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Open Access Highly Accessed Research article

Microarray analysis of DNA damage repair gene expression profiles in cervical cancer cells radioresistant to 252Cf neutron and X-rays

Yi Qing1, Xue-Qin Yang1, Zhao-Yang Zhong1, Xin Lei1, Jia-Yin Xie1, Meng-Xia Li1, De-Bing Xiang2, Zeng-Peng Li2, Zhen-Zhou Yang1, Ge Wang1 and Dong Wang1*

Author Affiliations

1 Cancer Center, Daping Hospital and Research Institute of Surgery, Third Military Medical University, Chongqing, PR China

2 Department of Pathology, Daping Hospital and Research Institute of Surgery, Third Military Medical University, Chongqing, PR China

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BMC Cancer 2010, 10:71  doi:10.1186/1471-2407-10-71

Published: 25 February 2010

Abstract

Background

The aim of the study was to obtain stable radioresistant sub-lines from the human cervical cancer cell line HeLa by prolonged exposure to 252Cf neutron and X-rays. Radioresistance mechanisms were investigated in the resulting cells using microarray analysis of DNA damage repair genes.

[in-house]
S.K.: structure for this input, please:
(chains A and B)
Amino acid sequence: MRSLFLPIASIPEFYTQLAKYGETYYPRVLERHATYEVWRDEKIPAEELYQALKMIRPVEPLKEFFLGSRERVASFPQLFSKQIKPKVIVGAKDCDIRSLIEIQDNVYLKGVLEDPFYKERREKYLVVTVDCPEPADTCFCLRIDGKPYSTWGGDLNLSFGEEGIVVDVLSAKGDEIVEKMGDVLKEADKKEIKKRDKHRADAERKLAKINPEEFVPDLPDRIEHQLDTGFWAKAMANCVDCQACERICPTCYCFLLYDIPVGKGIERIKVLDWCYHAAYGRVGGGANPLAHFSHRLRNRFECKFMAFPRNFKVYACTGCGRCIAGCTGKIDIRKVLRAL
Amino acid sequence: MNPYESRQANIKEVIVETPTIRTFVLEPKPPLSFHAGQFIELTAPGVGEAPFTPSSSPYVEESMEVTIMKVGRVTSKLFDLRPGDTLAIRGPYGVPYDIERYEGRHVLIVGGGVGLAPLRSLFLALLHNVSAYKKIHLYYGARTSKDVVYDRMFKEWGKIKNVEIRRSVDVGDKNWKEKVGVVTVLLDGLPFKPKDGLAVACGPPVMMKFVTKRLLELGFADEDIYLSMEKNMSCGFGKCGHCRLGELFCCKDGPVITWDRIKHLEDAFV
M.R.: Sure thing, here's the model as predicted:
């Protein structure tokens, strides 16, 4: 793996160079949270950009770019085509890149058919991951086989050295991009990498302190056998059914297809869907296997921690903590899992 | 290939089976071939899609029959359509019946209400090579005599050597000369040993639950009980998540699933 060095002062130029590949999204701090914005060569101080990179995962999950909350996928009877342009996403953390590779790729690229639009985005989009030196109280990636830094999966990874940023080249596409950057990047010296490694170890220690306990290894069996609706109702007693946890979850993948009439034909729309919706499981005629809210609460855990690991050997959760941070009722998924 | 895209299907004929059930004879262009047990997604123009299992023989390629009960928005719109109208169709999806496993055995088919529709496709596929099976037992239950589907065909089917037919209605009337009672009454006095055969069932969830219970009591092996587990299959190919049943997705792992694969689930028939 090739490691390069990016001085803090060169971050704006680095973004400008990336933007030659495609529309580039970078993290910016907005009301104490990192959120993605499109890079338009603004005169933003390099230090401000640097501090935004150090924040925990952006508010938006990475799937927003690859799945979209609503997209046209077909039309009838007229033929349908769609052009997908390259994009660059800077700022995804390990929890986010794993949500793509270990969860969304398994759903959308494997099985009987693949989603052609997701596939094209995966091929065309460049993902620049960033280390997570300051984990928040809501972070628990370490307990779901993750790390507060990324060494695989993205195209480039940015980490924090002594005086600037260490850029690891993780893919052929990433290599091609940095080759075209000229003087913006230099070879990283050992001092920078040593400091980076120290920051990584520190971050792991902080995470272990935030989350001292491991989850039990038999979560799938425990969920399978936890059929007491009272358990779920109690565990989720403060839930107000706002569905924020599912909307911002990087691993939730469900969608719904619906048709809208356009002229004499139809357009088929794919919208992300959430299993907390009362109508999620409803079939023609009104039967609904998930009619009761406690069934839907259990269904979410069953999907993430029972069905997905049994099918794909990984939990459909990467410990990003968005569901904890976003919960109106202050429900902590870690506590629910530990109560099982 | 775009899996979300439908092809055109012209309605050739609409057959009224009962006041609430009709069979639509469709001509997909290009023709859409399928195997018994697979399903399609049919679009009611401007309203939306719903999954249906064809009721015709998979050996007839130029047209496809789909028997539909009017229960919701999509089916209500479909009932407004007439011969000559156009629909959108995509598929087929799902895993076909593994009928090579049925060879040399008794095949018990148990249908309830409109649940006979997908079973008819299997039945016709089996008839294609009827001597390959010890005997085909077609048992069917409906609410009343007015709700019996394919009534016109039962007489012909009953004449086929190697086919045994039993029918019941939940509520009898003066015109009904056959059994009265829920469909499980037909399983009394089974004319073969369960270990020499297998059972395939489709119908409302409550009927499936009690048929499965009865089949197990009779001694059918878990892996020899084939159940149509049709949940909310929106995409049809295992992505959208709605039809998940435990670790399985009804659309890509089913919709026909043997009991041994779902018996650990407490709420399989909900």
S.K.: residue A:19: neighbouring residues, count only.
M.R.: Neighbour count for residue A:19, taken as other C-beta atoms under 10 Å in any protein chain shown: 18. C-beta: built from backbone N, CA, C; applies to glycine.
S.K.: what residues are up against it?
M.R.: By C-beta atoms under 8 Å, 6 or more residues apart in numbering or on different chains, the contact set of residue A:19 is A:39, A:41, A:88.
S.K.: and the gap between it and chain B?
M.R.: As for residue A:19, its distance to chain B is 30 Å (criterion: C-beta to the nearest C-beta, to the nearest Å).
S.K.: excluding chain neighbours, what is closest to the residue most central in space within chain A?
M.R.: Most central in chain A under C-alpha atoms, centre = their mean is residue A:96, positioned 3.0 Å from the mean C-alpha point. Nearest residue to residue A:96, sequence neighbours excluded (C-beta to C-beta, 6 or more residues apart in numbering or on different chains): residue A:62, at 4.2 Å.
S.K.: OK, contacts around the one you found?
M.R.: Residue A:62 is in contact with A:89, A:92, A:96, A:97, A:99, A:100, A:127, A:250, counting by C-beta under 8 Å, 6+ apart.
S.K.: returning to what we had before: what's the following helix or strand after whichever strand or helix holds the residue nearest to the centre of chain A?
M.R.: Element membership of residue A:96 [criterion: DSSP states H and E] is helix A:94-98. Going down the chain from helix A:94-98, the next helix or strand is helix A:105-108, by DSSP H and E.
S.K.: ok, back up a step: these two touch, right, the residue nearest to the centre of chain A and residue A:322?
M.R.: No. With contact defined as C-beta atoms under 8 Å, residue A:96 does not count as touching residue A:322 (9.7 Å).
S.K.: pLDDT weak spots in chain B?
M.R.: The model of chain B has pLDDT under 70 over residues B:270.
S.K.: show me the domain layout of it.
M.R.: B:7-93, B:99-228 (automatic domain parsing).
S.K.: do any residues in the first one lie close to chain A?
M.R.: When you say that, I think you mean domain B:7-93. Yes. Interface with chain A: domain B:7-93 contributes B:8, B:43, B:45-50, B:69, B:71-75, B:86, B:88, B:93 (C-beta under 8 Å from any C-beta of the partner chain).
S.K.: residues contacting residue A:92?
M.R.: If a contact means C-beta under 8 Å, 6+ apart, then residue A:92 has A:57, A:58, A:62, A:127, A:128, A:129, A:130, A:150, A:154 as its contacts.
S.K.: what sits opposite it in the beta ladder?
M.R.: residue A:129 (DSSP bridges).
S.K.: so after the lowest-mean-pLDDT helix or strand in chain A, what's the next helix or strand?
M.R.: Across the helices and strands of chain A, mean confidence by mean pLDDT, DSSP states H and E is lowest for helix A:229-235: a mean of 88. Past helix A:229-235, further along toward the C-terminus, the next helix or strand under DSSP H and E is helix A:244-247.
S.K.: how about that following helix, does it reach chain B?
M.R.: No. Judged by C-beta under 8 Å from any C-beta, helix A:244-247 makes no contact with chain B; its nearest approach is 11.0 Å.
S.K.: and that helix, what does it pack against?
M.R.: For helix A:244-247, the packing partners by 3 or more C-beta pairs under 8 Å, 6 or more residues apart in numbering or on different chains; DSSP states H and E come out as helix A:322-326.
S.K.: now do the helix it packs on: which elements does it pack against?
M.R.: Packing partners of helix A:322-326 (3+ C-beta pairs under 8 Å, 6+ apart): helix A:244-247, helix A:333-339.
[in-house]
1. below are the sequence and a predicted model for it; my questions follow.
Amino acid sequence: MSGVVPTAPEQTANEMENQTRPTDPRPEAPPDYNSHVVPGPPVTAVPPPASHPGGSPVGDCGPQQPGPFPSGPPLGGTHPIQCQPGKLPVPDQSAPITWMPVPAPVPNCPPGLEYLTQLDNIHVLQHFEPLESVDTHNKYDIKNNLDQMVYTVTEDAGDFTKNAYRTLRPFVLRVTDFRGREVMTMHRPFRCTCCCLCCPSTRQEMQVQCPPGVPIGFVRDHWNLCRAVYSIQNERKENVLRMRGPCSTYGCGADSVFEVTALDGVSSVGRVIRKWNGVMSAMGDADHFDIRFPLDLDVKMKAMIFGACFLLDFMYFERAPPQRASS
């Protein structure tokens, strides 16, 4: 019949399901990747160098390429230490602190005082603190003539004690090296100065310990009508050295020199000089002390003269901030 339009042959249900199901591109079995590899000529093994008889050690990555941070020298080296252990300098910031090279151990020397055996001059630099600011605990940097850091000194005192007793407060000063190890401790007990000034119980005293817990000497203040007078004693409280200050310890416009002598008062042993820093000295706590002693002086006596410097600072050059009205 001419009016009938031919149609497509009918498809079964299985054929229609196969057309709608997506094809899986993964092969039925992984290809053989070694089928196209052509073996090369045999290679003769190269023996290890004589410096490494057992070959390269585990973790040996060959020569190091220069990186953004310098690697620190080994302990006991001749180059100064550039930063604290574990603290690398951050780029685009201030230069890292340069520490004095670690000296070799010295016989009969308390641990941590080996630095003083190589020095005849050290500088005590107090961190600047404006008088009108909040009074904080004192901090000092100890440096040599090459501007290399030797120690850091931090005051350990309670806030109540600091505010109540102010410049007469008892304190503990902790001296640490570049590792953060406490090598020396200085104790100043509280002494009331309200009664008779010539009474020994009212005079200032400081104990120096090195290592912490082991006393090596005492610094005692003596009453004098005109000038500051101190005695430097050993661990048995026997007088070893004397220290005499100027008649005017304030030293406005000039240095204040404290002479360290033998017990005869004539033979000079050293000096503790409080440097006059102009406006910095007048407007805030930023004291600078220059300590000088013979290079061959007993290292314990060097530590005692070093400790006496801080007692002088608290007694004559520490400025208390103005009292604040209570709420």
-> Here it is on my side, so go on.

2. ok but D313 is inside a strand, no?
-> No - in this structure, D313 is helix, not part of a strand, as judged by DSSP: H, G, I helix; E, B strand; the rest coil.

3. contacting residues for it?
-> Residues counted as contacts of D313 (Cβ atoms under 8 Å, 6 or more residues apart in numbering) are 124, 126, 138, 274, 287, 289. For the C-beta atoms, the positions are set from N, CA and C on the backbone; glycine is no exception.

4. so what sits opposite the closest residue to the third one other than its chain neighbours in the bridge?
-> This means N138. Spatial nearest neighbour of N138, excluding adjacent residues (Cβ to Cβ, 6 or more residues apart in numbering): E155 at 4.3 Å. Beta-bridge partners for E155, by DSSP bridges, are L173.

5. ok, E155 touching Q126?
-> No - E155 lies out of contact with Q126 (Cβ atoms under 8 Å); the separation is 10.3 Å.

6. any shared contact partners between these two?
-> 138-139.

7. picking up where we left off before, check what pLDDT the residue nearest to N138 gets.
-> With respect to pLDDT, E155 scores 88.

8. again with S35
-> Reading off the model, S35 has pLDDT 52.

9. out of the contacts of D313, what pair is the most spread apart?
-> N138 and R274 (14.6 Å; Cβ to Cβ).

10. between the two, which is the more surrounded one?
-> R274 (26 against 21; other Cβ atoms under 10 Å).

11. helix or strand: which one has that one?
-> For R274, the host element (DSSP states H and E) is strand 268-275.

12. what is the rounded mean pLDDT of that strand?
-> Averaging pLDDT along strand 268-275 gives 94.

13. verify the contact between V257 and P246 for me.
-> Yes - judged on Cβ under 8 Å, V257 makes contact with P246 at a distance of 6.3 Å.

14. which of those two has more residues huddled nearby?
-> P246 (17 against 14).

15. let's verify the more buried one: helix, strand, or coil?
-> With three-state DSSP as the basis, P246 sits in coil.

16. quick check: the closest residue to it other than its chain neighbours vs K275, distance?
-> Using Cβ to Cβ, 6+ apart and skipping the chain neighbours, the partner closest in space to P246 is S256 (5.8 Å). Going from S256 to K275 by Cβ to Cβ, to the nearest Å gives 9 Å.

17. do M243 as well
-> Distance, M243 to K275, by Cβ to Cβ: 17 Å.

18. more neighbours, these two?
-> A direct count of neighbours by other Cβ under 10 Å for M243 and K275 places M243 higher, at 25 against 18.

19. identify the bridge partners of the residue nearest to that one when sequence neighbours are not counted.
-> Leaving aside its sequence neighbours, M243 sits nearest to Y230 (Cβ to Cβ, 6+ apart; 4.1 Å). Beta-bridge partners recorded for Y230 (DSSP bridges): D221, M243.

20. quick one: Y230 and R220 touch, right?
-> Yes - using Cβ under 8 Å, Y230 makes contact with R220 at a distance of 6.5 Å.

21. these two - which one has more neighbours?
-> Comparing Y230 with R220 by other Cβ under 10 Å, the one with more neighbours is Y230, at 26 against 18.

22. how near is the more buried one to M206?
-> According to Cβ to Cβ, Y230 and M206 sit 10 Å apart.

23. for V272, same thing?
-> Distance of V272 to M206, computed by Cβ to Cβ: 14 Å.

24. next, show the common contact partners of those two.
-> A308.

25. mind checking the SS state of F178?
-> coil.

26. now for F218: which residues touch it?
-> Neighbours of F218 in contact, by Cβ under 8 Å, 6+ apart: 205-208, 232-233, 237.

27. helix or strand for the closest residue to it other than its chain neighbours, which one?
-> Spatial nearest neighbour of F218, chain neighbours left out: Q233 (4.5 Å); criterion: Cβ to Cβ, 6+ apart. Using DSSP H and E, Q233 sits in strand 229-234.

Methods

HeLa cells were treated with fractionated 252Cf neutron and X-rays, with a cumulative dose of 75 Gy each, over 8 months, yielding the sub-lines HeLaNR and HeLaXR. Radioresistant characteristics were detected by clone formation assay, ultrastructural observations, cell doubling time, cell cycle distribution, and apoptosis assay. Gene expression patterns of the radioresistant sub-lines were studied through microarray analysis and verified by Western blotting and real-time PCR.

Results

The radioresistant sub-lines HeLaNR and HeLaXR were more radioresisitant to 252Cf neutron and X-rays than parental HeLa cells by detecting their radioresistant characteristics, respectively. Compared to HeLa cells, the expression of 24 genes was significantly altered by at least 2-fold in HeLaNR cells. Of these, 19 genes were up-regulated and 5 down-regulated. In HeLaXR cells, 41 genes were significantly altered by at least 2-fold; 38 genes were up-regulated and 3 down-regulated.

Conclusions

Chronic exposure of cells to ionizing radiation induces adaptive responses that enhance tolerance of ionizing radiation and allow investigations of cellular radioresistance mechanisms. The insights gained into the molecular mechanisms activated by these "radioresistance" genes will lead to new therapeutic targets for cervical cancer.